Questions over whether more regulation is needed in the index provider space have bubbled to the surface after S&P Dow Jones Indices (SPDJI) was fined $9m by the Securities and Exchange Commission (SEC) for failing to disclose a feature to Credit Suisse that led to estimated losses of $1.8bn.
In an announcement last week, the US regulator stated SPDJI should have been clearer to the issuer that the S&P 500 VIX Short Term Futures index contained an “auto hold” feature which kicked in during extreme market volatility on 5 February 2018 when the CBOE Volatility index was up 115%.
While SPDJI has said it “neither admits nor denies the SEC’s allegations”, SEC commissioner Hester Peirce warned the $9m settlement “may hint at a deeper, unspoken concern that index providers…are not governed by a regulatory framework explicitly tailored to their activities”.
“I am open to exploring the need for and propriety of such a framework,” Peirce added.
The growing power of index providers has been well documented over the past few years following the dramatic shift towards passive investing since the Global Financial Crisis (GFC).
As a result, index providers – particularly the ‘Big Four’ of MSCI, SPDJI, FTSE Russell and Bloomberg – have significant influence within financial markets but are subject to little regulation,
Currently, index providers are viewed as data publishers by US regulators instead of investment advisers, however, this is looking more likely to change.
As Athanasios Psarofagis, ETF analyst at Bloomberg Intelligence, said: “Eventually, that is where this going to go. They have lots of influence and are essentially making key investment decisions – see Tesla’s inclusion in the S&P 500.”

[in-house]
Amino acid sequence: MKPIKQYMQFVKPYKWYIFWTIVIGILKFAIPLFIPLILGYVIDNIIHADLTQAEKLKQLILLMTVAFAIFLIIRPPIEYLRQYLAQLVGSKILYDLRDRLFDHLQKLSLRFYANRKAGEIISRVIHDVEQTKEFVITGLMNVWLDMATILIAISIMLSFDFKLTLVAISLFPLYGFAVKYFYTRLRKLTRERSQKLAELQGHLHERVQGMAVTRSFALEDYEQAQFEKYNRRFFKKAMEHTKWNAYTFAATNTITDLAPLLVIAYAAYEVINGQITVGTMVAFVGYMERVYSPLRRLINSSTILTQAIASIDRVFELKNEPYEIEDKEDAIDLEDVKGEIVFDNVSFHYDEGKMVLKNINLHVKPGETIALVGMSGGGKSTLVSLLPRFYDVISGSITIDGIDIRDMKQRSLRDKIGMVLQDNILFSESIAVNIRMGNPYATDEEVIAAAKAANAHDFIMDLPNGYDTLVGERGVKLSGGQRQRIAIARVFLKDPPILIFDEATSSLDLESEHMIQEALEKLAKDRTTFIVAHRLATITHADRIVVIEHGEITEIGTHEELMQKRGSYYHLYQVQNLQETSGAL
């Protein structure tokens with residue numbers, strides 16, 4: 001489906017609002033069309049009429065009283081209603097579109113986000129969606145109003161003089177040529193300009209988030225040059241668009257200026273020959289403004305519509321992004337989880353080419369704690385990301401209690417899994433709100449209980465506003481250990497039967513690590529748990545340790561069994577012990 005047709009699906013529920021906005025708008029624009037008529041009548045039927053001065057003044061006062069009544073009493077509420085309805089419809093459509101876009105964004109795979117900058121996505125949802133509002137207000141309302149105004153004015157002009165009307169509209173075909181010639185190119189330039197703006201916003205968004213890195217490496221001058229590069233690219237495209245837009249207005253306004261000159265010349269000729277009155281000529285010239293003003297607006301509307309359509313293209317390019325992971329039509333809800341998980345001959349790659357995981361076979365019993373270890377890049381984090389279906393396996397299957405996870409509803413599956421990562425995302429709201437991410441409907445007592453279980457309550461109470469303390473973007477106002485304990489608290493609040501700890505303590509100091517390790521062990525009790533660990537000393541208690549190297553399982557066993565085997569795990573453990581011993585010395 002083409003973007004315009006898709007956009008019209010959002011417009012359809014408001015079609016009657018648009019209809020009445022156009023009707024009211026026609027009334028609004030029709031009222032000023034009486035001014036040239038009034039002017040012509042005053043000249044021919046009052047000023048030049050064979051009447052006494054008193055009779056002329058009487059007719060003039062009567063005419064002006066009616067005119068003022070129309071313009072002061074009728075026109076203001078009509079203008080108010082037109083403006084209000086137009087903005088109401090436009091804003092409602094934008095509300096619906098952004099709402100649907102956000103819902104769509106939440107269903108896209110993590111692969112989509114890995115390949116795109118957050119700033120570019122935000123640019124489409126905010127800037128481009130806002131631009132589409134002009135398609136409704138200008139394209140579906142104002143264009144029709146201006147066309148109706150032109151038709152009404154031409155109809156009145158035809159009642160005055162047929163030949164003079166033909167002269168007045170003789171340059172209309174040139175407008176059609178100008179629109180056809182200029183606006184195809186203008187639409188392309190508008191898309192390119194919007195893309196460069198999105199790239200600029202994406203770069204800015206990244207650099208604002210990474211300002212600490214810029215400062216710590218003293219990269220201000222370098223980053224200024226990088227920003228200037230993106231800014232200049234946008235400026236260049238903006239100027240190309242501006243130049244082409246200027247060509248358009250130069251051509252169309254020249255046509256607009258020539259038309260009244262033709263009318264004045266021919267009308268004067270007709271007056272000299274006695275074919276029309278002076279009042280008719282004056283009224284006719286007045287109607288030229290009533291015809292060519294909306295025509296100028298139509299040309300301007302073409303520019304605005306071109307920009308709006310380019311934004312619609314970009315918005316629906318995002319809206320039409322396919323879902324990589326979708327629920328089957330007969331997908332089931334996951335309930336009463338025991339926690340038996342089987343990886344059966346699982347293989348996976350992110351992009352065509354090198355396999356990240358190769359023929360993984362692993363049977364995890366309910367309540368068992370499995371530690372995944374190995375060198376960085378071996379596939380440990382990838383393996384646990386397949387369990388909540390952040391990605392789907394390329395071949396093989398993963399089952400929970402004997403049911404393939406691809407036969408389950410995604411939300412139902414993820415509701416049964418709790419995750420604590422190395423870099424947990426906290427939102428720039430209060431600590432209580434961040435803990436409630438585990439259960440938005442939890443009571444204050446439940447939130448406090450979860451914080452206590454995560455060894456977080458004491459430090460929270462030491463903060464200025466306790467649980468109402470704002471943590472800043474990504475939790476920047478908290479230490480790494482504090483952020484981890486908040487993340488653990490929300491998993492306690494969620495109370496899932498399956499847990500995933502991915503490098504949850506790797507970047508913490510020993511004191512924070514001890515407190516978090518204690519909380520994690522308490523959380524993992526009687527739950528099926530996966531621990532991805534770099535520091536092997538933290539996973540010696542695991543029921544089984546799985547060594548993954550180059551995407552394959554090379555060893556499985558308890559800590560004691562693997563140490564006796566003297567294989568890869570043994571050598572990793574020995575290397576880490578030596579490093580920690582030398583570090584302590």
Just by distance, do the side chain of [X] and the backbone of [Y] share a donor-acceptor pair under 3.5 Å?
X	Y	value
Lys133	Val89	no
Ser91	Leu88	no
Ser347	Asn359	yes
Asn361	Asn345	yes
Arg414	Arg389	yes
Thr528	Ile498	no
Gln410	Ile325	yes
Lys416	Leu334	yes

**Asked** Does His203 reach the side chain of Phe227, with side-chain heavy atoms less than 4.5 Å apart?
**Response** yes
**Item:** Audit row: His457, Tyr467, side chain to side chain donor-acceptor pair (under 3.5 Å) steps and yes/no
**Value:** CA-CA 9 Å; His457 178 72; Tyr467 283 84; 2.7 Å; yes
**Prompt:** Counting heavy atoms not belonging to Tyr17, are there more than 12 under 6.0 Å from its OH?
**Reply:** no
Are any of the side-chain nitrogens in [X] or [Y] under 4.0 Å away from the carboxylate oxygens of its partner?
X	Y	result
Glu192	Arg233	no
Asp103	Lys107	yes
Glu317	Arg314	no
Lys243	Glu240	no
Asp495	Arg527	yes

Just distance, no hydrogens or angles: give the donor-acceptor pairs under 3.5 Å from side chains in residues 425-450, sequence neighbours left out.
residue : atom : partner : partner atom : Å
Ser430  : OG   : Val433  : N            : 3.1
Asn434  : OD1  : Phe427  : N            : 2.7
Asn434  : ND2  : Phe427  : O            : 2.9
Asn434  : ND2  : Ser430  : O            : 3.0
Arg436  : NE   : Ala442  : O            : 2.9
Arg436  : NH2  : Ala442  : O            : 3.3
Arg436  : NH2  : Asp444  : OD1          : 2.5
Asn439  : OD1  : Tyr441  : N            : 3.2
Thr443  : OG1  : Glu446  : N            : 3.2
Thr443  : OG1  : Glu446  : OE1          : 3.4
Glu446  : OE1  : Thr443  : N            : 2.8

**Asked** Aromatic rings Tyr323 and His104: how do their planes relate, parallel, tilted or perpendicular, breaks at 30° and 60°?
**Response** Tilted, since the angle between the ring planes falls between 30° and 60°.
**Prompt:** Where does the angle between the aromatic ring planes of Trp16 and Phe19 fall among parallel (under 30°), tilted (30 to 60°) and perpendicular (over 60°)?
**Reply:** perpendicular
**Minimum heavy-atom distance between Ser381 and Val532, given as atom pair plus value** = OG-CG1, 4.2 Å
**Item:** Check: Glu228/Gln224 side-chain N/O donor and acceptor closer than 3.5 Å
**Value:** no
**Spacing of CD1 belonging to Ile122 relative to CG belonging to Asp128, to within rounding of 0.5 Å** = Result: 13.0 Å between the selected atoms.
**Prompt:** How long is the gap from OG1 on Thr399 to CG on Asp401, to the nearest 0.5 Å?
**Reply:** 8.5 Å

However, experts directly involved in the indexing space caution that further regulation will simply stifle innovation and competition.
Gareth Parker, chairman and chief indexing officer (CIO) at Moorgate Benchmarks, said while more can be done by the index industry to work with regulators to alleviate some of their concerns, further regulation can also have a negative impact.
“Regulation to support the provision of properly-constructed, properly-managed and properly governed indices is inevitably going to continue to spread however regulation that simply restricts innovation I would argue against.
“Some of the areas that are perhaps problematic are difficult to cover within regulation. Accuracy for example – both in calculations and the carrying out of reviews – is perhaps not what it should be in some cases, but that is probably best resolved by the market.”
Echoing his views, former SPDJI CEO Alex Matturri said: “With the increased risk of sanctions, index providers will not be compensated for the risks they are now assuming which will result in some index providers dropping out of the industry, stifling innovation and competition.”
Increased regulation is surely set to come in the near future and should increase the accountability of index providers, however, it also runs the risk of causing a number of unforeseen consequences for the space, something the SEC needs to cognisant about.